In vitro fertilization, or IVF, is the process of creating an embryo from an egg and sperm combined outside the body. Once fertilized, the embryo is then transferred into the uterus of either the intended mother or the surrogate.
The woman, in surrogacy arrangements, who is not carrying the baby but who is intended to become the legal mother of the baby to be born to the surrogate.
The man, in surrogacy arrangements, who is intended to become the legal father of the baby to be born to the surrogate.
There are single and coupled Intended Parents, both married and unmarried, straight or gay. The Intended Parent or Intended Parents are the individuals or couples who are intending to take custody of the child being born to their Gestational Carrier. They are intending to become the legal parents. In some cases, they are genetically related to the child and in some cases, they may not be genetically related. But whether or not there is a genetic connection to the child carried by the Gestational Carrier, the Intended Parent or Intended Parents are to become the legal and custodial parents.
A surrogacy agreement between a domestic Gestational Carrier and international Intended Parent(s).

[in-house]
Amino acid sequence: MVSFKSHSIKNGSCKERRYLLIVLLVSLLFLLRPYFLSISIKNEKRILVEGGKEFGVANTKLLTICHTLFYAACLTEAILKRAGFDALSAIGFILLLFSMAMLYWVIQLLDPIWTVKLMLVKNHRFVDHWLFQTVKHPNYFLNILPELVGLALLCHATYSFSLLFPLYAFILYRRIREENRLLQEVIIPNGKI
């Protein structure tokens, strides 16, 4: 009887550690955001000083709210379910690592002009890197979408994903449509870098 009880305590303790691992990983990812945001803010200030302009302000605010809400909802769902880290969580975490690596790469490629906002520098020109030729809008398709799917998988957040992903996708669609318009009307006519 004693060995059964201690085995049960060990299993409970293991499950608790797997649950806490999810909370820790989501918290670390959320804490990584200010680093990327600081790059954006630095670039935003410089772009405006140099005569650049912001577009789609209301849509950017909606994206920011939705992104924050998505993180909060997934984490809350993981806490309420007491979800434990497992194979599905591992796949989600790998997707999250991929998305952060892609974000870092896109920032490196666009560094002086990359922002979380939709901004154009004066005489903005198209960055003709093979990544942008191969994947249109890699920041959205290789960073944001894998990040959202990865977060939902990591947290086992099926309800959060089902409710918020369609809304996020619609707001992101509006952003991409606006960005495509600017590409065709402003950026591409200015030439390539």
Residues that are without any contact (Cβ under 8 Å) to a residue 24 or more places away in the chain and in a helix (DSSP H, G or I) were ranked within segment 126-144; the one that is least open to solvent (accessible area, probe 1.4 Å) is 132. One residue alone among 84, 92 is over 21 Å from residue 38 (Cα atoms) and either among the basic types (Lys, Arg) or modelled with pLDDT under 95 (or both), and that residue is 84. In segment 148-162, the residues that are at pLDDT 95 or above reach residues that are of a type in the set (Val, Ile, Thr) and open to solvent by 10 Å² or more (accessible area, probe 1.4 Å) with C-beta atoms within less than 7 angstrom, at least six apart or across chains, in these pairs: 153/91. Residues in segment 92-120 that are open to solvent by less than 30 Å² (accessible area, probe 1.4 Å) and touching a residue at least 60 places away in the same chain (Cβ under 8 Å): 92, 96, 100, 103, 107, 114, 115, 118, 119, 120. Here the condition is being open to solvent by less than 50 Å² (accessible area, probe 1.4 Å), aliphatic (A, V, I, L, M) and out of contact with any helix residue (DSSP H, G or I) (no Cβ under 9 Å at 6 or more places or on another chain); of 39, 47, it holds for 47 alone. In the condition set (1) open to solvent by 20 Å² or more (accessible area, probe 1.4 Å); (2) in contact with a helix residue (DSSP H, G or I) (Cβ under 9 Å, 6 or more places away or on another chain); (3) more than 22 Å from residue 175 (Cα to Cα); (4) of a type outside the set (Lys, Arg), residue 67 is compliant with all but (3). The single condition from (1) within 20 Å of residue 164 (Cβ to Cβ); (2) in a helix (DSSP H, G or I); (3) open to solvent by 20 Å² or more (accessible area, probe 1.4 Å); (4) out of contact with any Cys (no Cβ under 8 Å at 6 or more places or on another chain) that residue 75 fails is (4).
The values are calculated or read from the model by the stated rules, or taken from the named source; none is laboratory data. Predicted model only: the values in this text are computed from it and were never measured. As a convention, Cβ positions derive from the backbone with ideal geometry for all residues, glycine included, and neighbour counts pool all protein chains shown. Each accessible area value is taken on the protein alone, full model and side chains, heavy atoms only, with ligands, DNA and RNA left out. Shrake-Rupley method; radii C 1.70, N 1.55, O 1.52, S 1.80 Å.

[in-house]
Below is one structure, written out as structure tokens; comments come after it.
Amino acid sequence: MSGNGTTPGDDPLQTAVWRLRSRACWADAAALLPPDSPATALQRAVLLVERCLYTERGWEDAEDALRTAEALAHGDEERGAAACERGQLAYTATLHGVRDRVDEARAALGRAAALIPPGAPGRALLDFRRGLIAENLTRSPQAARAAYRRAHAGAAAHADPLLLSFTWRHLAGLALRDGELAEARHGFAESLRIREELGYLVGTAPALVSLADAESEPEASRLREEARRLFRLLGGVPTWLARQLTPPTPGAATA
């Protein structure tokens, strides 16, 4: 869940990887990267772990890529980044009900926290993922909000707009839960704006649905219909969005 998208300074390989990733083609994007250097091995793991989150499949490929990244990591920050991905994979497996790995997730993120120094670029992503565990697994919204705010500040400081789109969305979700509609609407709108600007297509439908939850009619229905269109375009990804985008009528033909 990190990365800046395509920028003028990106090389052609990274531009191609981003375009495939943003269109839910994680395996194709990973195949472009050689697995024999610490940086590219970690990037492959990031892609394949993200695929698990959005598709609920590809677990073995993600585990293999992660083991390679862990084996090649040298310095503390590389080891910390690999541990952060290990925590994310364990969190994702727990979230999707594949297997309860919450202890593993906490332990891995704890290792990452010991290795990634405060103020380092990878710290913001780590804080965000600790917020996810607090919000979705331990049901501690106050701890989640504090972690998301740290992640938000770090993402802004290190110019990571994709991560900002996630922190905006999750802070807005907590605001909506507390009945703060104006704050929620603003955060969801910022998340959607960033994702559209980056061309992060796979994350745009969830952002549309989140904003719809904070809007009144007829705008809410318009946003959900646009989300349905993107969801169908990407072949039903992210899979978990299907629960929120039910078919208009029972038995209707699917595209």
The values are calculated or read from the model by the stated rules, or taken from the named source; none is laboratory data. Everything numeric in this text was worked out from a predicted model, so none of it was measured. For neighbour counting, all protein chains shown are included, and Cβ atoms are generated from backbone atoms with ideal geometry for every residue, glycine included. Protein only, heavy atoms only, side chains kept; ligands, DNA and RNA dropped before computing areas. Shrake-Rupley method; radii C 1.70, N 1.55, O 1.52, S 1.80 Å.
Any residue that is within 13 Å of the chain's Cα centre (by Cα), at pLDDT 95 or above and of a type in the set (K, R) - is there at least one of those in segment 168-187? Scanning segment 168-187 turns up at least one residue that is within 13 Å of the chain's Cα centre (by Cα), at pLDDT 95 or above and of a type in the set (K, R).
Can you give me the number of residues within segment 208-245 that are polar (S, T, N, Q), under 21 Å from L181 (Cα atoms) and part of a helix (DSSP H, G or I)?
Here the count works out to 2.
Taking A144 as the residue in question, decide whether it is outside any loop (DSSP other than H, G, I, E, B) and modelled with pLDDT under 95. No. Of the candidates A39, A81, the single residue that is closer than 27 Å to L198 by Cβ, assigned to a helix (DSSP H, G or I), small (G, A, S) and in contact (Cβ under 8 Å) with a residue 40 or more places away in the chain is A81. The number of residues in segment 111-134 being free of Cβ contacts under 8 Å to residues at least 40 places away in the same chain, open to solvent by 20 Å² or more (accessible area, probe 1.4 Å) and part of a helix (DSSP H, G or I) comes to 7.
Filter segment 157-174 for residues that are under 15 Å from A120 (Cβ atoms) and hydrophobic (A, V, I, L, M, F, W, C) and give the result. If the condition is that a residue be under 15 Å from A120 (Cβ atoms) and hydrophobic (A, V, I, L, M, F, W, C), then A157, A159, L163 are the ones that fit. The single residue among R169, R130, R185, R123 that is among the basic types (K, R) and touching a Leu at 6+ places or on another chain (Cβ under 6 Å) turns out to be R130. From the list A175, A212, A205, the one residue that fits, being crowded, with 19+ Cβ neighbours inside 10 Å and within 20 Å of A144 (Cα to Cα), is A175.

A woman who is known to the recipient Intended Parent(s) and who goes through a medical protocol for egg retrieval and donates the retrieved eggs to recipient Intended Parent(s) who then use the eggs to create embryos.
A man who is known to the recipient Intended Parent(s) and who donates his sperm to recipient Intended Parent(s) who then use the sperm to create embryos.
A firm or agency (or surrogacy program) that is retained for the purpose of finding a suitable Gestational Carrier, and for supervising and monitoring the surrogacy arrangement. Services, competency, and skills vary widely from agency to agency.
A court order obtained prior to the birth of a child being carried by a Gestational Carrier that provides for the establishment of the Intended Parents’ legal parentage, and to place the names of the Intended Parent(s) on the child’s birth certificate.